When I gave that figure of 40% change in the spot market this year, so far we’ve seen 81 - well, we’ve counted up 81 fixtures this year compared to 50 last year and a lot of those were in the sort of second half of the year and suddenly when that happens, you can see a tightness in this market even with the newbuildings delivery hitting it quite quickly.

Michael Webber - Wells Fargo

And I guess kind of along those lines and talking to a couple of brokers, it seems like there is a bit of a floating storage, I don’t want to call it a trade, because it’s not really driven by a particularly wide corridor, but it seems like there are some prop cargos that are getting loaded and just kind of sitting and waiting for a firmer winter market, is that playing a role at all in terms of a meaningful role rather I guess in tightening this market up, and is it something you guys perch about, do you think it’s a major factor?

Paul Wogan

I mean, we’ve counted few ships which are being taken with that in mind so anywhere between sort of four to eight vessels that we think have been taken kind for that play. So yeah, I mean again it isn’t a hugely liquid market in terms of the number of ships. If you see that number of ships going, then certainly that definitely plays a part, and especially if they are just sitting there, holding onto the cargo for a while to play that arbitrage opportunity.

It’s interesting as well obviously Angola has had some issues and not only the product not come out from Angola, you’ve had seven additional ships pushed into the market, which again I think is being one of the factors which has been bringing the market down over the summer months, but the other interesting data point from that is, I understand that all those ships that were made available out of Angola are now actually fixed and not available at the moment for charterers. So again it just talks to the fact that there is a lot more liquidity in this market than we’ve probably been seeing over the past couple of years.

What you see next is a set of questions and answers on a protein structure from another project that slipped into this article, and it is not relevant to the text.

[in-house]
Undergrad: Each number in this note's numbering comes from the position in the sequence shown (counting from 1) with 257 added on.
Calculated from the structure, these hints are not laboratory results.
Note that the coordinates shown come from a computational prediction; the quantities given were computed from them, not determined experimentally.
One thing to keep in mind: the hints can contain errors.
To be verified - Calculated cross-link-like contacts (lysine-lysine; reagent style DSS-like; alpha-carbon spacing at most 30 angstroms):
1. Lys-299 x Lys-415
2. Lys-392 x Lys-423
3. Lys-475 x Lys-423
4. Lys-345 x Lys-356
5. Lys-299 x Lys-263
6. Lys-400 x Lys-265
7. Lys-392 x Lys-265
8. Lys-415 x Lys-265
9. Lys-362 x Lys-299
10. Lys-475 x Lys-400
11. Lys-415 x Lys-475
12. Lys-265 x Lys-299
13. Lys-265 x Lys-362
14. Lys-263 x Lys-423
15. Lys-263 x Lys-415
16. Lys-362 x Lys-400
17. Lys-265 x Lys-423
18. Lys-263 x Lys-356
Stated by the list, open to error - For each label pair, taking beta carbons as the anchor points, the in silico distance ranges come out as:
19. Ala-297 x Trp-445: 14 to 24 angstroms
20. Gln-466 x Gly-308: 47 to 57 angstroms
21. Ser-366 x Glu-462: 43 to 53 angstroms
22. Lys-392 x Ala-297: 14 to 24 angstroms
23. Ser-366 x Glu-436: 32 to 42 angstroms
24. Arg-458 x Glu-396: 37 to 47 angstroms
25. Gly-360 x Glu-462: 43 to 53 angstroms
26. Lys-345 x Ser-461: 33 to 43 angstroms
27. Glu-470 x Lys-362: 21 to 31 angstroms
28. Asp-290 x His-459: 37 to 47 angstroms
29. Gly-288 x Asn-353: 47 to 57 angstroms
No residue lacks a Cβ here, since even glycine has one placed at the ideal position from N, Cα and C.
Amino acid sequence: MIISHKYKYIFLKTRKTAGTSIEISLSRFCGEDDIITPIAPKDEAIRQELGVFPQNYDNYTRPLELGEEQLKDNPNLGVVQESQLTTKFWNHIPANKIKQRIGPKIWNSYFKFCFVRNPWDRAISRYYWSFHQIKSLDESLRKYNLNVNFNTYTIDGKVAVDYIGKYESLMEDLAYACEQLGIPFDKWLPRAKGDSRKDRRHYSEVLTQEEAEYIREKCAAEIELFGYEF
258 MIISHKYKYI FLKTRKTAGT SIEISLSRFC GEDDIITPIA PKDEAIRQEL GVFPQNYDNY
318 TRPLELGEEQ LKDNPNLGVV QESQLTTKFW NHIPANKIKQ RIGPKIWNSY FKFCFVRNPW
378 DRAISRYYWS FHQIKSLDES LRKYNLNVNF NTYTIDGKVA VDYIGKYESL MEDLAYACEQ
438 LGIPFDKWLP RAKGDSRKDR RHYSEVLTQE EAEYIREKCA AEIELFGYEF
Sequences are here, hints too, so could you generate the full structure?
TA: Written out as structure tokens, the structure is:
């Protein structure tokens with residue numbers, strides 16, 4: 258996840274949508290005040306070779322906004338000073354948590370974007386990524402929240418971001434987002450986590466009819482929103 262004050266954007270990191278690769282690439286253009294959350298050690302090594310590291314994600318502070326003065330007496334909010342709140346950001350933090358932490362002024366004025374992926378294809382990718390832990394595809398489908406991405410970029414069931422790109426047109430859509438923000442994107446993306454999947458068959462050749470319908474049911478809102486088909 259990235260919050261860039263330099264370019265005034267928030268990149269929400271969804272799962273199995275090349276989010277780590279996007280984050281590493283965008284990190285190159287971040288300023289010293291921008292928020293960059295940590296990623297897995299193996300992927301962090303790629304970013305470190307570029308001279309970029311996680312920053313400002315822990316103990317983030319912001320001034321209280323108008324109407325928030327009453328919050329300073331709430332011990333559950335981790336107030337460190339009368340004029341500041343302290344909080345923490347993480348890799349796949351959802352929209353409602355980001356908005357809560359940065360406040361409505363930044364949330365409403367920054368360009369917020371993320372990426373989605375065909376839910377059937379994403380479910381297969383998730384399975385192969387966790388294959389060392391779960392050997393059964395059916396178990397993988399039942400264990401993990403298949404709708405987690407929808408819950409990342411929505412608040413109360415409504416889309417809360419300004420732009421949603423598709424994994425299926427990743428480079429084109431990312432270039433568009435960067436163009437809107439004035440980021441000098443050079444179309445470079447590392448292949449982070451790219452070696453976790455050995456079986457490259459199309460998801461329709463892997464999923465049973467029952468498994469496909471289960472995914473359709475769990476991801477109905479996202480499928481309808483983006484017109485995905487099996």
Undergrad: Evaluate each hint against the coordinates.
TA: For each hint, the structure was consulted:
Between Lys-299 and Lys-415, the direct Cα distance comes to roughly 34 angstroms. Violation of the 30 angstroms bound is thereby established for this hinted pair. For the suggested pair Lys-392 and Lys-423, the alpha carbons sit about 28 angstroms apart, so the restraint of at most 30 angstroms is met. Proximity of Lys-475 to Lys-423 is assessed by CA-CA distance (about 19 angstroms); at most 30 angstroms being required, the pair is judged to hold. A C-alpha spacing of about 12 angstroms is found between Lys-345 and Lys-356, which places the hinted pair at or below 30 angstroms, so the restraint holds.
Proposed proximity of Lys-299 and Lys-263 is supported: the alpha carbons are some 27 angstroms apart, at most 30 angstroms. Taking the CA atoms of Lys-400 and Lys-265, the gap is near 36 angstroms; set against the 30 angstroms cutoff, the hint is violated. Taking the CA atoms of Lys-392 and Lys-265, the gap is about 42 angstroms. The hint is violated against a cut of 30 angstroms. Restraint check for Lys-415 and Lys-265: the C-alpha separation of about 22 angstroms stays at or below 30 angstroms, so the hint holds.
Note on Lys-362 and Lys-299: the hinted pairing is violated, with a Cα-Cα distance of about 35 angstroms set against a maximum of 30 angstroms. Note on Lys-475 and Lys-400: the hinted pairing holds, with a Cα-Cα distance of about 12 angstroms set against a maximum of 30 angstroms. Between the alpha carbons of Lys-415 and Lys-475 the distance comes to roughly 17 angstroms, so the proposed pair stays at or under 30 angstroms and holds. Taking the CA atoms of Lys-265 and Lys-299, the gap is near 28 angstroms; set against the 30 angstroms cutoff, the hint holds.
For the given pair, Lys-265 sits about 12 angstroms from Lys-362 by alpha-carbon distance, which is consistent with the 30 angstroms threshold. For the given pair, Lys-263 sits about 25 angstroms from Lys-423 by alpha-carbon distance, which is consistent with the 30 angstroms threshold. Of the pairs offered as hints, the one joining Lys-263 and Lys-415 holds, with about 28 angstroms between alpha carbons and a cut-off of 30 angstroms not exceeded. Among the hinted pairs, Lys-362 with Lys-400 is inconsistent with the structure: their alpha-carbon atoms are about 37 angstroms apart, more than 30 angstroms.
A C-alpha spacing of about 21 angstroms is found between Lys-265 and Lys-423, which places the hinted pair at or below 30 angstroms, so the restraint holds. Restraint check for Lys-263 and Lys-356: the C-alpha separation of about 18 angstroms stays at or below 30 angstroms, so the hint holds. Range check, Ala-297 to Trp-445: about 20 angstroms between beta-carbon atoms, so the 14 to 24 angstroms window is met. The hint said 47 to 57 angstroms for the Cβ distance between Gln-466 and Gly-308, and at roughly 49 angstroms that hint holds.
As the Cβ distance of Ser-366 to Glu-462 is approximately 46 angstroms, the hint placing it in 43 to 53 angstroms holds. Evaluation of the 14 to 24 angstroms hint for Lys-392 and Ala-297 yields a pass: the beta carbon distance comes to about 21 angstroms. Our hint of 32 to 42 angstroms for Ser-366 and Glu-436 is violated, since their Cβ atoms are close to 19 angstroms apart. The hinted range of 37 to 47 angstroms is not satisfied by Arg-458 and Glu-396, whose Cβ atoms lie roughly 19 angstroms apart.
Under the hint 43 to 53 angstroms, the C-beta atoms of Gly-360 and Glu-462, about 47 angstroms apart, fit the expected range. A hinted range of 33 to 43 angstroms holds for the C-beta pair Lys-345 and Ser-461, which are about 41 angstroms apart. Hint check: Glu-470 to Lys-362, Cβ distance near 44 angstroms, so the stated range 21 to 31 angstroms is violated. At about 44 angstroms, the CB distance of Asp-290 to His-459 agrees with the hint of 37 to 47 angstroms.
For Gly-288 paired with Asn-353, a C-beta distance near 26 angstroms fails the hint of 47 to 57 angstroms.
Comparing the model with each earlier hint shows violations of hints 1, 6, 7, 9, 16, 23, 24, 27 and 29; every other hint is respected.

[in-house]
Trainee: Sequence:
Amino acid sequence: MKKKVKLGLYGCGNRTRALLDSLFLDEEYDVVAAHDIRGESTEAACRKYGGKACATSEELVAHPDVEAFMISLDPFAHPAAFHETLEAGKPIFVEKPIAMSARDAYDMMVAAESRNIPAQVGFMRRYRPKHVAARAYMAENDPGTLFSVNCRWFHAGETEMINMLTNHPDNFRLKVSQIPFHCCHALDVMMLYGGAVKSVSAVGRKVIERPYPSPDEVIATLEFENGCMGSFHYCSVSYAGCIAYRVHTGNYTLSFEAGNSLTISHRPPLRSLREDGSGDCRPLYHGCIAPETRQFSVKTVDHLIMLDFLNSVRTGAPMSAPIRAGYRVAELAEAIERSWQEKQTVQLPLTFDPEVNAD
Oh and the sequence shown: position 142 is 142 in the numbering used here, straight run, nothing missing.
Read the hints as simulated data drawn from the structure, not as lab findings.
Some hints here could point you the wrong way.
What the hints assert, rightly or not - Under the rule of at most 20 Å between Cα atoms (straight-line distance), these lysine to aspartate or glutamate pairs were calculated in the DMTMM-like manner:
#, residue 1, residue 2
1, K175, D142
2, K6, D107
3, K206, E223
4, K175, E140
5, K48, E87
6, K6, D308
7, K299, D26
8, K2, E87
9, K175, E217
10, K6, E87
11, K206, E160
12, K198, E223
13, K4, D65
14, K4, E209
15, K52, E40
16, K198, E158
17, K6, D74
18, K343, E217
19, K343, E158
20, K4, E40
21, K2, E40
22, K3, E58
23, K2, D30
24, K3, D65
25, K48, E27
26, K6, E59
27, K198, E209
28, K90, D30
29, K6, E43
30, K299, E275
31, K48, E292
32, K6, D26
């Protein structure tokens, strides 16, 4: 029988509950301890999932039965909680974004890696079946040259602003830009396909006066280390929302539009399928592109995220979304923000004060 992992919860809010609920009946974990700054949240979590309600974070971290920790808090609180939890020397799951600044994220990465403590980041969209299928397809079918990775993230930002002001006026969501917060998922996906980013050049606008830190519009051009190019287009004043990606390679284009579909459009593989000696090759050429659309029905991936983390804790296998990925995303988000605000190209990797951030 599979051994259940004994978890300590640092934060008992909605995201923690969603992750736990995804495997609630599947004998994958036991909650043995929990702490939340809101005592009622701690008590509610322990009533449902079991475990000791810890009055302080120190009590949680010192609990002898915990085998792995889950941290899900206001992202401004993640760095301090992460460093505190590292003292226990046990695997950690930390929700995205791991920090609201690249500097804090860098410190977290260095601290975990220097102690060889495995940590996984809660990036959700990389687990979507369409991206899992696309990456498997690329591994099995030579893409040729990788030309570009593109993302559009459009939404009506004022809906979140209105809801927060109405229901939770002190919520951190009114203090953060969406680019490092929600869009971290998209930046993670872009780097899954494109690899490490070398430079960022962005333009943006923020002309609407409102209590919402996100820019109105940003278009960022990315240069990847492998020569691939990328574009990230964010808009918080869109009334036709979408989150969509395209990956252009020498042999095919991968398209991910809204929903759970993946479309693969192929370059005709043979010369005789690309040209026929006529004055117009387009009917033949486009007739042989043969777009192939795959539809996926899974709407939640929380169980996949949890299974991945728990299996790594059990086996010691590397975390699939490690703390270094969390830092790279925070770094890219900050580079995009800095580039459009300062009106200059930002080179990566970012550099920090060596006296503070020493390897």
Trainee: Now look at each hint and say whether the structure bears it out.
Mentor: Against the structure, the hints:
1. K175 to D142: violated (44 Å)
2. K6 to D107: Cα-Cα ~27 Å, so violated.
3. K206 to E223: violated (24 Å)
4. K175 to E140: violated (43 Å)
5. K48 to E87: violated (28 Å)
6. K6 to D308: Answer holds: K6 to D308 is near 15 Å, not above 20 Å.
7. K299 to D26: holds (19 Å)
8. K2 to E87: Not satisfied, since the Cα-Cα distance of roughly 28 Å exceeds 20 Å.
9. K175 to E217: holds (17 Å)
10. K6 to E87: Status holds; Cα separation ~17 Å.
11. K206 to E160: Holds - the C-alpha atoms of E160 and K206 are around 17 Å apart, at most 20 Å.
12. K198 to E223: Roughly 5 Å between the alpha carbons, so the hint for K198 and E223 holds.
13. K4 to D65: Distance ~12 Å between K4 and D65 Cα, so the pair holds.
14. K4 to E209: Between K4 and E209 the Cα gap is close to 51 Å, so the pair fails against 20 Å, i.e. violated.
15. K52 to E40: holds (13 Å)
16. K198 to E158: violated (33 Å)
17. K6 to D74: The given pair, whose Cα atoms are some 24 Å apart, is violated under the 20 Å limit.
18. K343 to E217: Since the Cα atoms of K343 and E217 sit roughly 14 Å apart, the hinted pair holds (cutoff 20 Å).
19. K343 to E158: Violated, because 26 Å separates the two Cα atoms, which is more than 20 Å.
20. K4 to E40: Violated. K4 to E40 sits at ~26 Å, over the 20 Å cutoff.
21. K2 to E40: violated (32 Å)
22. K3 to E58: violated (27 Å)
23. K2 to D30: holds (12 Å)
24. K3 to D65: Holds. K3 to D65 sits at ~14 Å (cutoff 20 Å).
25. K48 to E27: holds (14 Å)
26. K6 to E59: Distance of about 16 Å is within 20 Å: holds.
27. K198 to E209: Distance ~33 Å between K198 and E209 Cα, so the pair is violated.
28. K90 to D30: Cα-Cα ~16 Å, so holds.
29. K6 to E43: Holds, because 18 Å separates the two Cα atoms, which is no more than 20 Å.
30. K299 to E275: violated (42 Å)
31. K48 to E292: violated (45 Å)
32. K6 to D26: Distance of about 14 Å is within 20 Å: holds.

Operator

We will now take our next question from Fotis Giannakoulis of Morgan Stanley. Please go ahead.

Fotis Giannakoulis - Morgan Stanley

I would like to ask you about the acquisition front, you recently ordered a few more newbuildings. First of all, can you give us some more clarity about the options that you have to Hyundai and Samsung? When do you have to exercise them? And, if possible, tell us how many of these charters are available and what will make you go ahead and exercise these options? And my second question is if there are more second-hand acquisition opportunities either from BG or from third-parties that you think they are feasible?

Paul Wogan

Yes. So first of all on the options that we have, we do have additional options with both Samsung and Hyundai which are declarable in the third and fourth quarter this year. As we’ve showed in the past, we do have the ability, if we want to, usually to push out those options, so I’m fairly relaxed about that in terms of getting access to that space.

In terms of on-the-water vessels, yes, I think we talked about the ability to find consolidation opportunities, both through existing ship-owners but also through the oil majors, and I think we will see further oil majors looking at diversing out of that fleet if you like and moving that on.